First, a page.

Neoliberalism is the defining political economic paradigm of our time—it refers to the policies and processes whereby a relative handful of private interests are permitted to control as much as possible of social life in order to maximize their personal profit. Associated initially with Reagan and Thatcher, for the past two decades neoliberalism has been the dominant global political economic trend adopted by political parties of the center and much of the traditional left as well as the right. These parties and the policies they enact represent the immediate interests of extremely wealthy investors and less than one thousand large corporations.
Aside from some academics and members of the business community, the term neoliberalism is largely unknown and unused by the public-at-large, especially in the United States. There, to the contrary, neoliberal initiatives are characterized as free market policies that encourage private enterprise and consumer choice, reward personal responsibility and entrepreneurial initiative, and undermine the dead hand of the incompetent, bureaucratic and parasitic government, that can never do good even if well intended, which it rarely is. A generation of corporate-financed public relations efforts has given these terms and ideas a near sacred aura.
As a result, the claims they make rarely require defense, and are invoked to rationalize anything from lowering taxes on the wealthy and scrapping environmental regulations to dismantling public education and social welfare programs. Indeed, any activity that might interfere with corporate domination of society is automatically suspect because it would interfere with the workings of the free market, which is advanced as the only rational, fair, and democratic allocator of goods and services. At their most eloquent, proponents of neoliberalism sound as if they are doing poor people, the environment, and everybody else a tremendous service as they enact policies on behalf of the wealthy few.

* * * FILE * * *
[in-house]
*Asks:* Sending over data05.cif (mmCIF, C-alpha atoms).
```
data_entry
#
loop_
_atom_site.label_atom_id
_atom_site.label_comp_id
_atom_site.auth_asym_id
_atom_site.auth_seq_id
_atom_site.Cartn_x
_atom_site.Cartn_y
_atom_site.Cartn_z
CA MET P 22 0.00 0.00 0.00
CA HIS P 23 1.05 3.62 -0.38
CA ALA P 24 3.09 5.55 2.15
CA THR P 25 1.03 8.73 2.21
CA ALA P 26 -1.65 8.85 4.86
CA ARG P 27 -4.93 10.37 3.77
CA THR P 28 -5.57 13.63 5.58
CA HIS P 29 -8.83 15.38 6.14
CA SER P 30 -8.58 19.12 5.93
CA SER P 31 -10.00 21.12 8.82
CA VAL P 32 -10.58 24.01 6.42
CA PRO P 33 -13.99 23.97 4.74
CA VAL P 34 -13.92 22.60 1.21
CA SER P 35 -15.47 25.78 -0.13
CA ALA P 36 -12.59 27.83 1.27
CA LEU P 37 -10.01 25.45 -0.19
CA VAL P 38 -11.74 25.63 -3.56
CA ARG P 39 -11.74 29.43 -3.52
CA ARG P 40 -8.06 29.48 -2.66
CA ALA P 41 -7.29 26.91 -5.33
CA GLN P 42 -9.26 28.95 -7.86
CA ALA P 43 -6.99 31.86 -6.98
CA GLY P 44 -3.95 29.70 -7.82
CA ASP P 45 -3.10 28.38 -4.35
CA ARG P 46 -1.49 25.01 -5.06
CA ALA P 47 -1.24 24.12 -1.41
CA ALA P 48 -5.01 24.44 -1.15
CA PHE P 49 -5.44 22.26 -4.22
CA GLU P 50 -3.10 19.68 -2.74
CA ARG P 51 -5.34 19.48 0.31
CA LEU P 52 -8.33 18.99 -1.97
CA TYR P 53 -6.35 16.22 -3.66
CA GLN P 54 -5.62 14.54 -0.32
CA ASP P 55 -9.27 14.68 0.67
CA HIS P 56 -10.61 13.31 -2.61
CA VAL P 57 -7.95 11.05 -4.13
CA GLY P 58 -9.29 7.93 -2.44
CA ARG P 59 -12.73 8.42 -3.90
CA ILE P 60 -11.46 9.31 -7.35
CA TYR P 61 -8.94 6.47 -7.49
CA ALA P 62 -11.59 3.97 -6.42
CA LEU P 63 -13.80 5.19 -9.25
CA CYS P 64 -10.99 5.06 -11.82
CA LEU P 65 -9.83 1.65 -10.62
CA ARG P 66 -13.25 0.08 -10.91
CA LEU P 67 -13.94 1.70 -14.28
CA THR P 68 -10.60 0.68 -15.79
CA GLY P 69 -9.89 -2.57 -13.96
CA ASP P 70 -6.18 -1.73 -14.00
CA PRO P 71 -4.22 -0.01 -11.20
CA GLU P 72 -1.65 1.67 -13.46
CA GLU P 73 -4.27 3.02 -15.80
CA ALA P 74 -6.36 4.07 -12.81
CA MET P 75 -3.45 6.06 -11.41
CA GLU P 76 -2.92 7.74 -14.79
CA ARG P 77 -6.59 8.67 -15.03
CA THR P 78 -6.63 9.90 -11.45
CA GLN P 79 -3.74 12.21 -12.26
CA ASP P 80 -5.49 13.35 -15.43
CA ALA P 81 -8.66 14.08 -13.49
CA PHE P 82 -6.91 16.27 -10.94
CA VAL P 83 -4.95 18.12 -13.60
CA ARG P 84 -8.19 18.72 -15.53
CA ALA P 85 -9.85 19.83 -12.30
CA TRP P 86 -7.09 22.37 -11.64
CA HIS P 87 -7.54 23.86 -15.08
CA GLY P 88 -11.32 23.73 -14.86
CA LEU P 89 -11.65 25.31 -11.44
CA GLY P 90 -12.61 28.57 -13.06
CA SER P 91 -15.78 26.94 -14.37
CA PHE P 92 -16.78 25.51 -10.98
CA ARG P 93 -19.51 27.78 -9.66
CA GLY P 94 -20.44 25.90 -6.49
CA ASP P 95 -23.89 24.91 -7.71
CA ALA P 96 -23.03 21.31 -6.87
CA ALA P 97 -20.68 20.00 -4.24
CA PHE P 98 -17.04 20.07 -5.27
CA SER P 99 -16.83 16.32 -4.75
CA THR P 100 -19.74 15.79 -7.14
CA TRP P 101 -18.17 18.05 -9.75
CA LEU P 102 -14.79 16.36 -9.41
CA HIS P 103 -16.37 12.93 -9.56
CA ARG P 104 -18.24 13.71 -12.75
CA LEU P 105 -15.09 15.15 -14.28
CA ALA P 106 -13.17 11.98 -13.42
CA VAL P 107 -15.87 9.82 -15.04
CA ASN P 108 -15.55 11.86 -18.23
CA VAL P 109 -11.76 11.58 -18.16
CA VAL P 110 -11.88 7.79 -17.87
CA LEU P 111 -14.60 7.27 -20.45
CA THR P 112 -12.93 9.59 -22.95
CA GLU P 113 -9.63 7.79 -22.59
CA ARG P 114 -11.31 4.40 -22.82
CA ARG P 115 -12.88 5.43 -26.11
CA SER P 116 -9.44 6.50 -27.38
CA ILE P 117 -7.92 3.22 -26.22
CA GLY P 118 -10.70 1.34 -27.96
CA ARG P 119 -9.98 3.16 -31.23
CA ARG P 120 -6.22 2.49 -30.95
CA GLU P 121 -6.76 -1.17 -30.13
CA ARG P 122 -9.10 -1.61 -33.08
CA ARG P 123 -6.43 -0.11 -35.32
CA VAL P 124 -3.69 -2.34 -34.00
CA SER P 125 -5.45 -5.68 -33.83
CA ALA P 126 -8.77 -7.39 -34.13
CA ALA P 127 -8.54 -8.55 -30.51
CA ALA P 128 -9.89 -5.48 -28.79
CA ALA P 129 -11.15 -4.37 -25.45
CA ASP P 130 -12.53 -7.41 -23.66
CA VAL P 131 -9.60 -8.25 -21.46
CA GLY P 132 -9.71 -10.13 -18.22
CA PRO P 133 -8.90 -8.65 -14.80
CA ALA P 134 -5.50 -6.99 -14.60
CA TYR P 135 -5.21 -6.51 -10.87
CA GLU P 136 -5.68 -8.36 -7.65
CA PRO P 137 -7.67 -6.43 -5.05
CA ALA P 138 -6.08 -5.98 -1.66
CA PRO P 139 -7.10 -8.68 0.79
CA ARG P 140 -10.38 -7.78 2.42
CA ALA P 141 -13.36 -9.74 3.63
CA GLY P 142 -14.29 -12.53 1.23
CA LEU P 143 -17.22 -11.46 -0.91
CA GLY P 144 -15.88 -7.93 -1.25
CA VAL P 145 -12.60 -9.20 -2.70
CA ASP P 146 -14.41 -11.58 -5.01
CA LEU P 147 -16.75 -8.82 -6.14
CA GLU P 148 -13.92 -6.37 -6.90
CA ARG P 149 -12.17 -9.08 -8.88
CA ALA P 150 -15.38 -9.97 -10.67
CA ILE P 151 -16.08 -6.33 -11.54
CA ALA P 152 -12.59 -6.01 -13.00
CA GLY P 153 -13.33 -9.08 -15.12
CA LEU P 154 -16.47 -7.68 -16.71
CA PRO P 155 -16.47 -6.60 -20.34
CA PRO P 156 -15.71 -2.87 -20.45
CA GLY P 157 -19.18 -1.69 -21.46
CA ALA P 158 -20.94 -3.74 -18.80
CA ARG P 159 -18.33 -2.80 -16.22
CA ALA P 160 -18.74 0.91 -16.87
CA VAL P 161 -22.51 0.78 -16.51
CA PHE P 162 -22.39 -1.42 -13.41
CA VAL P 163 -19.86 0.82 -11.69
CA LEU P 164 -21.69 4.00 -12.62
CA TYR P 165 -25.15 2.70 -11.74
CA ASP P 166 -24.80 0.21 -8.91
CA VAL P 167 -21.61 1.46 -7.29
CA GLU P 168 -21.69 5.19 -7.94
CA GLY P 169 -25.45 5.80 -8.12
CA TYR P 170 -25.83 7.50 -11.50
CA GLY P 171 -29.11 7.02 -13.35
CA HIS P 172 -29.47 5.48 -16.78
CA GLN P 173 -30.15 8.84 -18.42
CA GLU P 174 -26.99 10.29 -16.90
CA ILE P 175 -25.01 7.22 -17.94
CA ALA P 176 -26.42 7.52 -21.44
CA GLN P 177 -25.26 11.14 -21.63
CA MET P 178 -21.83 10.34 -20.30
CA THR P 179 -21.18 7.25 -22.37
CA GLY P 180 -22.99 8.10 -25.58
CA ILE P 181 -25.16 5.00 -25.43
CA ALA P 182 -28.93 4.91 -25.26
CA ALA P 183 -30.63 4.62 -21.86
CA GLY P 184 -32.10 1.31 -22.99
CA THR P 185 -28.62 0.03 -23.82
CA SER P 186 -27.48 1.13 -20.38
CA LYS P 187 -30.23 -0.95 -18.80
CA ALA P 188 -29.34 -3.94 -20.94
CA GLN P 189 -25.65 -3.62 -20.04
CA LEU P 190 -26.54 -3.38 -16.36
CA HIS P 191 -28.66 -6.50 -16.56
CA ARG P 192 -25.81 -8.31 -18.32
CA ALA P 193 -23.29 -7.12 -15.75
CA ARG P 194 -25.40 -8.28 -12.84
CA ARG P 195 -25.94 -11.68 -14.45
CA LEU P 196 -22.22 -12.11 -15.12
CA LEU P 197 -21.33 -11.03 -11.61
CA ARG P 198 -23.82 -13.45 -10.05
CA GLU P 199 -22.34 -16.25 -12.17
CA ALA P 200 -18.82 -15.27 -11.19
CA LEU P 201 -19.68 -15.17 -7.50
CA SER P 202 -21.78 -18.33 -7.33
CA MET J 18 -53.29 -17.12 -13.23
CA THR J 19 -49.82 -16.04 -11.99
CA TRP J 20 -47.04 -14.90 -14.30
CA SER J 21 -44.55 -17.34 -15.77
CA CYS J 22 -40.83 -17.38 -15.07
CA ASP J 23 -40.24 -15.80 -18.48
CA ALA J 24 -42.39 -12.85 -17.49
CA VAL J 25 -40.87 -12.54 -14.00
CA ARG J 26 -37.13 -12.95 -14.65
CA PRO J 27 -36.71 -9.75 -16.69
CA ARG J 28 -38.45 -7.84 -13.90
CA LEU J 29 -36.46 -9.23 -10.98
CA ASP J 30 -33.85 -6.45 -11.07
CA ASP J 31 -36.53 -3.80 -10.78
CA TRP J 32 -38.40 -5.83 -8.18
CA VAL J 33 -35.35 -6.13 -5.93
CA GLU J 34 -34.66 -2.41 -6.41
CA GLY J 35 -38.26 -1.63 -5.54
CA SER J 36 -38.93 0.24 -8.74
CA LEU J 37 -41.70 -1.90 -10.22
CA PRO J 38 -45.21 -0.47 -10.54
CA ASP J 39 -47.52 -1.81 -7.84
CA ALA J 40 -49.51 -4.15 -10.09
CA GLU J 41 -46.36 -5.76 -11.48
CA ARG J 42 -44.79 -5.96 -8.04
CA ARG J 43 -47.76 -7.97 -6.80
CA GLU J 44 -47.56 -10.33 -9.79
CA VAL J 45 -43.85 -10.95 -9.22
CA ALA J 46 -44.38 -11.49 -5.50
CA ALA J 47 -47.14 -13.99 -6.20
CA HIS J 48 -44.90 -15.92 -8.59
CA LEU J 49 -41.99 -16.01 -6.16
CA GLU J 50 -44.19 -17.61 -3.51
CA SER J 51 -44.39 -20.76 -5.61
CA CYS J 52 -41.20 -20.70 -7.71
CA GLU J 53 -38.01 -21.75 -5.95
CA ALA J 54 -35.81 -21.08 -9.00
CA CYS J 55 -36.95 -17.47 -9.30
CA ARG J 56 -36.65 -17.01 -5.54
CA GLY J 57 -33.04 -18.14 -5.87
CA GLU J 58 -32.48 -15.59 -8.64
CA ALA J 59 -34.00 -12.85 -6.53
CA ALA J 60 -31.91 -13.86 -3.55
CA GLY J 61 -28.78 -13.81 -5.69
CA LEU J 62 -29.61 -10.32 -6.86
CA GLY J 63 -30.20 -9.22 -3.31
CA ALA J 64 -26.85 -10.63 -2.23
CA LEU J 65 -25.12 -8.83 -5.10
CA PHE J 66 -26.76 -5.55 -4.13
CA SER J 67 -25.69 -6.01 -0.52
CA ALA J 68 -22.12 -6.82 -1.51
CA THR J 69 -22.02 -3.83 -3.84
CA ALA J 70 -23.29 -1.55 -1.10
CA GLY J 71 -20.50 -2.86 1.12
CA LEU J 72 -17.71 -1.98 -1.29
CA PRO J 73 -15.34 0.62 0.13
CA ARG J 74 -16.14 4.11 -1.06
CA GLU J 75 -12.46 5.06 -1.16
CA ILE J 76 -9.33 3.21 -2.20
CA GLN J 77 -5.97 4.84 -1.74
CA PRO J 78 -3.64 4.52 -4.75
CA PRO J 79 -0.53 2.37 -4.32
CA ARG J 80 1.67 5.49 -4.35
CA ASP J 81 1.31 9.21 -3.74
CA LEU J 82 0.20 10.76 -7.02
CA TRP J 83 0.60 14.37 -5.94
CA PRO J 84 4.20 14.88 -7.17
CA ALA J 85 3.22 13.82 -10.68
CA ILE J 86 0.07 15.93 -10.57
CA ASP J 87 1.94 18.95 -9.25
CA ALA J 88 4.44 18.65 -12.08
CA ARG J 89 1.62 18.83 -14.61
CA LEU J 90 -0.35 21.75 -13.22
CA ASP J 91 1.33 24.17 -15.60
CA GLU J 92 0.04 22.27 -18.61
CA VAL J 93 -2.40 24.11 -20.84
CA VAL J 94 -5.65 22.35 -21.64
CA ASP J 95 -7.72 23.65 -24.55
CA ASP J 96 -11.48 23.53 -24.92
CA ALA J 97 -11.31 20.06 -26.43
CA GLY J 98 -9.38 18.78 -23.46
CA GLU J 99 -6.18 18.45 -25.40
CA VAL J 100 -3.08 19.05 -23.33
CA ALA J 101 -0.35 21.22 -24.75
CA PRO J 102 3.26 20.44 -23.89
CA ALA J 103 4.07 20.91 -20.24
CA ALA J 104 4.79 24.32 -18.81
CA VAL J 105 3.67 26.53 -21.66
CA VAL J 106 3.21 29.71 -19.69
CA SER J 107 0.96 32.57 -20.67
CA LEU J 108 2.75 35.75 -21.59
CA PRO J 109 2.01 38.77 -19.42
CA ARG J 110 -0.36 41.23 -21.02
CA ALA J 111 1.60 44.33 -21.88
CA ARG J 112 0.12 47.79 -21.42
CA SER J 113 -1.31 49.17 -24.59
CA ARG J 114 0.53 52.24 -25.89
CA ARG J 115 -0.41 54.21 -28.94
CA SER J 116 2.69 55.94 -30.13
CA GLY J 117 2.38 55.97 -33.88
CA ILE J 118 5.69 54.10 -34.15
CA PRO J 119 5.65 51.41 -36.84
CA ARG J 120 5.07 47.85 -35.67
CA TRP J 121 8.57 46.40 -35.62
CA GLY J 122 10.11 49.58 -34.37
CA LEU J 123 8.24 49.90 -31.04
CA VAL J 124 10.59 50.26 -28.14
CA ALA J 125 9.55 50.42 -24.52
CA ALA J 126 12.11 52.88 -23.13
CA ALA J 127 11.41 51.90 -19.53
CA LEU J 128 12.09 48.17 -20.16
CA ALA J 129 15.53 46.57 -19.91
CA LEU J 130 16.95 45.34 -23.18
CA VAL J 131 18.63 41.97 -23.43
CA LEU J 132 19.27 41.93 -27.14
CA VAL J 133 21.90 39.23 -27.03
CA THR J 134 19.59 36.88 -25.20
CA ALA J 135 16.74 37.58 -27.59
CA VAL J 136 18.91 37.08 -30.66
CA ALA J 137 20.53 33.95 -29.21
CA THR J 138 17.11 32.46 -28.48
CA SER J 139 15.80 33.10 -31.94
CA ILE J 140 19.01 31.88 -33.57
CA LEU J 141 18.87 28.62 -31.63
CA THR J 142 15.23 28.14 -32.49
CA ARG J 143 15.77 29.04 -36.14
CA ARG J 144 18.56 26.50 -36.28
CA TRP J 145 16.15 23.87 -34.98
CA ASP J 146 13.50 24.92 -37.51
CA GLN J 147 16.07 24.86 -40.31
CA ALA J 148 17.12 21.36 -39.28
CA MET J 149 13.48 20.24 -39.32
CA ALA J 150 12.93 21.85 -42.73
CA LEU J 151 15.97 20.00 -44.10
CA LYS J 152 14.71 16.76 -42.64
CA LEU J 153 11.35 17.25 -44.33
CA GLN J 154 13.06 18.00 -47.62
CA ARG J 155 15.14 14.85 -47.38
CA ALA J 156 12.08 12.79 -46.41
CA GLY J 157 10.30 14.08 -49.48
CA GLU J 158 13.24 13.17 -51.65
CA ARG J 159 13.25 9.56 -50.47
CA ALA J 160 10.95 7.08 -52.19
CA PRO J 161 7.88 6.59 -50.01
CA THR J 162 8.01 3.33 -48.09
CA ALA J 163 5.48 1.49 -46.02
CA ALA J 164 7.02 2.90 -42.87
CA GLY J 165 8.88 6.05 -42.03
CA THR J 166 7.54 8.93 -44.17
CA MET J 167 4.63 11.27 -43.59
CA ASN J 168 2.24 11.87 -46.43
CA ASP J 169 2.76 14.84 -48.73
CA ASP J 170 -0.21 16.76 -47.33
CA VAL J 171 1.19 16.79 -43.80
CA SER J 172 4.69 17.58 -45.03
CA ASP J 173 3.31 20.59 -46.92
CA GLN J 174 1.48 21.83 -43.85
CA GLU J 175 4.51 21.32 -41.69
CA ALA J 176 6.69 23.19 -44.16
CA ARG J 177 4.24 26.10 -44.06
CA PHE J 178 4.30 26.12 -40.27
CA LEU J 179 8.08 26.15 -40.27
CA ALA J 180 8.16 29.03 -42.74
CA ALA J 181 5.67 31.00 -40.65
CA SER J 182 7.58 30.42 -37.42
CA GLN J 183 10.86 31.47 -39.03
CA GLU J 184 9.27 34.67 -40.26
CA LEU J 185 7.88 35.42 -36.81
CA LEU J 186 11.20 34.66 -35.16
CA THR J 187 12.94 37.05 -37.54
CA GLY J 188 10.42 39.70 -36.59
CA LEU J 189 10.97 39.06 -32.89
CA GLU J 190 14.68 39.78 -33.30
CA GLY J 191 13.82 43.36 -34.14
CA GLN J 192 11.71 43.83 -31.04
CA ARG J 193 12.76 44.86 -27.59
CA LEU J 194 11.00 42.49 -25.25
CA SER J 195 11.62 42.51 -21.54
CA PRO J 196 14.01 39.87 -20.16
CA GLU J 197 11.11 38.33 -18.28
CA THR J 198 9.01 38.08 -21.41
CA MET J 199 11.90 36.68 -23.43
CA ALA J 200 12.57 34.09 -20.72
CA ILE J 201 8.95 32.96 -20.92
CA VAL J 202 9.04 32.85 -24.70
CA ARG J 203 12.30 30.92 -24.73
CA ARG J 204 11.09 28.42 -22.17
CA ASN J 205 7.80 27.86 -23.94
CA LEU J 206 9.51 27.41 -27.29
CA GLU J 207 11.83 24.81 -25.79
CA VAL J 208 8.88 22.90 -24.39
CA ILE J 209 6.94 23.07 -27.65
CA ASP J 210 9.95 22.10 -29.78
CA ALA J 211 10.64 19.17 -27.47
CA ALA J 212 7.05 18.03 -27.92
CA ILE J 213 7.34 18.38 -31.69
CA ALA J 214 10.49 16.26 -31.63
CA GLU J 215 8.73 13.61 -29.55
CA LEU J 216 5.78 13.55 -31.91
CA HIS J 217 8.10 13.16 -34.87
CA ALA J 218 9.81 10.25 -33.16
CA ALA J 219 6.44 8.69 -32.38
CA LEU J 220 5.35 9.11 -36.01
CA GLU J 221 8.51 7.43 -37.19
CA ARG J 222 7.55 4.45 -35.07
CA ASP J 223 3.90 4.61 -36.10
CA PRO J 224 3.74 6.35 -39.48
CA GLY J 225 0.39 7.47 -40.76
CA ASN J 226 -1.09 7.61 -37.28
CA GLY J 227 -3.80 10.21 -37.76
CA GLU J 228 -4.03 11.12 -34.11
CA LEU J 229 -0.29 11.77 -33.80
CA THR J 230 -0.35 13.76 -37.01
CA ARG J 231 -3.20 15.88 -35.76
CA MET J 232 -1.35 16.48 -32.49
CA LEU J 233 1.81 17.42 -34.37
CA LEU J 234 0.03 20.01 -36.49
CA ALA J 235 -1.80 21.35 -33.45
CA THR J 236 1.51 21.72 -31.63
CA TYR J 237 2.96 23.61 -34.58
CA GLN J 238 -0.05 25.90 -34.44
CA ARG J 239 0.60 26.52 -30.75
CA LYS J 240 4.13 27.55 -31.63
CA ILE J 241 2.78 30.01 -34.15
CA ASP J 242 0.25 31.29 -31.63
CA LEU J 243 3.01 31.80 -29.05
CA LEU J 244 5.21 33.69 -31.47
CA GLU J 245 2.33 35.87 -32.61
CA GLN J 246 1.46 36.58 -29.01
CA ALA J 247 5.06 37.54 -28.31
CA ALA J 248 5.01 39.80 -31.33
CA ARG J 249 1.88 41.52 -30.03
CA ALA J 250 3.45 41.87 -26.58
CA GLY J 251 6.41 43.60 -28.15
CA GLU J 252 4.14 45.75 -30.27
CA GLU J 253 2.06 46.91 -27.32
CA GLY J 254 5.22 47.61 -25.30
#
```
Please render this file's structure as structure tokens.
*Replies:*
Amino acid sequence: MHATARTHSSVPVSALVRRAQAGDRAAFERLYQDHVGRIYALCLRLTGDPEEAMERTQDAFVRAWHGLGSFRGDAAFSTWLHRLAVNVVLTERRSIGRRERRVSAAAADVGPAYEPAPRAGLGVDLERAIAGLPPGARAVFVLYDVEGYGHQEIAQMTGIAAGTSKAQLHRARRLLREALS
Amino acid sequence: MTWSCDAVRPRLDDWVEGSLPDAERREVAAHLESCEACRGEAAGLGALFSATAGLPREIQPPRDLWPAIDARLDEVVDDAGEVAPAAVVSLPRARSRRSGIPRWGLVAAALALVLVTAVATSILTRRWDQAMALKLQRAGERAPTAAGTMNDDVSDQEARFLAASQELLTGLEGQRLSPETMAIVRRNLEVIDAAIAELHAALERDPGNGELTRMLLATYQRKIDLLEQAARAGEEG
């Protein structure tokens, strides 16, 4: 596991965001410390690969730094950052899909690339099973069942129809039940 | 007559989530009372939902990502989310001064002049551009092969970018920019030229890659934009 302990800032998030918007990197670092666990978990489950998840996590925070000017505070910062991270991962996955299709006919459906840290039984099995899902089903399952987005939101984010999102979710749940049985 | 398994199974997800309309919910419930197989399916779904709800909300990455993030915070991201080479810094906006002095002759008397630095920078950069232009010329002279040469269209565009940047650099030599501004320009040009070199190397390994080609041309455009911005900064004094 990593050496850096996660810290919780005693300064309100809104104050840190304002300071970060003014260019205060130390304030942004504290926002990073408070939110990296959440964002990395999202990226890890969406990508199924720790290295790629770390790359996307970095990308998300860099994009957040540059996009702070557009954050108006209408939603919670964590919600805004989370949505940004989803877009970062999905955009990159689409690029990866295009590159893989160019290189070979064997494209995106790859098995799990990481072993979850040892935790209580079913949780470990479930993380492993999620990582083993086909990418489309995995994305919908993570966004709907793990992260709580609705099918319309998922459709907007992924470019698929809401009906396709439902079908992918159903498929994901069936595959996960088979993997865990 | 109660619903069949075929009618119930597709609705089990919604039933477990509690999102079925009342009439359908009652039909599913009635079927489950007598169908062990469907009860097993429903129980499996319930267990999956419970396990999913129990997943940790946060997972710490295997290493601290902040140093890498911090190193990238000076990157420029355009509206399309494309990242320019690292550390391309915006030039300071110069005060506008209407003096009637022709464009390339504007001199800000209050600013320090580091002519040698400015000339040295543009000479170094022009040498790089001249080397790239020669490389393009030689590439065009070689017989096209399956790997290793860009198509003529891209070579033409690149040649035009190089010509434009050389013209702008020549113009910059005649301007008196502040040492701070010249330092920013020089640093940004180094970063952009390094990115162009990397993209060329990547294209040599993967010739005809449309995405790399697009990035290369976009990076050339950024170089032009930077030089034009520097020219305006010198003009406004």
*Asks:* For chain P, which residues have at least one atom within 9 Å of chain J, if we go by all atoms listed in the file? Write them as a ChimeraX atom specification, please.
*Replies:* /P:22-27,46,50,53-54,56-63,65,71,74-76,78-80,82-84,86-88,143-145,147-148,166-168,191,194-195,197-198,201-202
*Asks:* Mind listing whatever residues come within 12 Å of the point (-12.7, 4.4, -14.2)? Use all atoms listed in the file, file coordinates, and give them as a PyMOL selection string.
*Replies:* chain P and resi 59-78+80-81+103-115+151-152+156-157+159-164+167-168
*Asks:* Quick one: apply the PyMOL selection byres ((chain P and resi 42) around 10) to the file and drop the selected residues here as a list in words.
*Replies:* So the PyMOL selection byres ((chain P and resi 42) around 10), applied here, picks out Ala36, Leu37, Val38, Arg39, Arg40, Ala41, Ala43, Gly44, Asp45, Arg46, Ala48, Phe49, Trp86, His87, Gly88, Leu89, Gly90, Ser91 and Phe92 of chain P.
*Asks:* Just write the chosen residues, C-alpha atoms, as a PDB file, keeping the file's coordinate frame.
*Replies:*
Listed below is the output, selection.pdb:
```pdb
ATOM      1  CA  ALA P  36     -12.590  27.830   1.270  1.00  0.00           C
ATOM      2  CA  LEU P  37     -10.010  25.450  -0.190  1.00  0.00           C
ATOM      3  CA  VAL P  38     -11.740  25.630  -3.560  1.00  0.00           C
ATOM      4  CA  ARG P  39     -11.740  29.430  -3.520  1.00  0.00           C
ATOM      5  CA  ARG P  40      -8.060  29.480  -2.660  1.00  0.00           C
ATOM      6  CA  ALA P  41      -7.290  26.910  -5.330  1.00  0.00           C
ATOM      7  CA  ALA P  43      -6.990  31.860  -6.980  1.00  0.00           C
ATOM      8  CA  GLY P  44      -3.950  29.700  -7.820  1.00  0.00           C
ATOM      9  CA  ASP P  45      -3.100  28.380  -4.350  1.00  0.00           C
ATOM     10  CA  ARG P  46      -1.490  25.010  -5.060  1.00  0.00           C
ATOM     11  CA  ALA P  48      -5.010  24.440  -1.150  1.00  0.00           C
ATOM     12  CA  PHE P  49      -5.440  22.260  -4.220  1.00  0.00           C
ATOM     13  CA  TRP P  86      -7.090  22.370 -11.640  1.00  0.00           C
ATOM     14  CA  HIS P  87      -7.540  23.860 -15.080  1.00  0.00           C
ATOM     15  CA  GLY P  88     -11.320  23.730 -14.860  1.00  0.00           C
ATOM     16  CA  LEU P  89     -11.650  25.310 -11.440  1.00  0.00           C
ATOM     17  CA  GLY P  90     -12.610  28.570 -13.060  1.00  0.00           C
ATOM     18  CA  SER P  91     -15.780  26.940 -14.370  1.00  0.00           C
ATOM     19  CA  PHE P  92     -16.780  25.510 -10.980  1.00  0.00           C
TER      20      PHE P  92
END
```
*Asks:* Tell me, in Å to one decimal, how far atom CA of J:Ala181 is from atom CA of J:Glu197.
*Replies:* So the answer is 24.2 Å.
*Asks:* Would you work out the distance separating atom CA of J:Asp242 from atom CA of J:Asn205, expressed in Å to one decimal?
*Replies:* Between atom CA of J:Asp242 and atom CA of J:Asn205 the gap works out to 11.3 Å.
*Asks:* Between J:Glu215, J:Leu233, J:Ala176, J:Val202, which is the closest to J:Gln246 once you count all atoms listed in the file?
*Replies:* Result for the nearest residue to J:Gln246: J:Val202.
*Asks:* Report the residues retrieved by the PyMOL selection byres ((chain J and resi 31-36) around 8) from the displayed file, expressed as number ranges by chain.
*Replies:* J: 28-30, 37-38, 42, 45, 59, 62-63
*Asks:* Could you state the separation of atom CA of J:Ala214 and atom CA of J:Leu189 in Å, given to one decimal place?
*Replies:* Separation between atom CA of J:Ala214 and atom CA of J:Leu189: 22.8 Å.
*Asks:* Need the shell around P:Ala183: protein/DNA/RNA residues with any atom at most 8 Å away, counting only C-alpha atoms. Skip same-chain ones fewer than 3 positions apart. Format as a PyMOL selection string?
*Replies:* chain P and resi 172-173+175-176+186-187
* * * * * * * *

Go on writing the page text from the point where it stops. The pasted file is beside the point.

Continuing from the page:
The economic consequences of these policies have been the same just about everywhere, and exactly what one would expect: a massive increase in social and economic inequality, a increase in severe deprivation for the poorest nations and peoples of the world, a disastrous global environment, an unstable global economy and an unprecedented bonanza for the wealthy. Confronted with these facts, defenders of the neoliberal order claim that the spoils of the good life will invariably spread to the broad mass of the population—as long as the neoliberal policies that exacerbated these problems are not interfered with!
In the end, neoliberals cannot and do not offer an empirical defense for the world they are making. To the contrary, they offer—no, demand—a religious faith in the infallibility of the unregulated market, that draws upon nineteenth century theories that have little connection to the actual world. The ultimate trump card for the defenders of neoliberalism, however, is that there is no alternative. Communist societies, social democracies, and even modest social welfare states like the United States have all failed, the neoliberals proclaim, and their citizens have accepted neoliberalism as the only feasible course. It may well be imperfect, but it is the only economic system possible.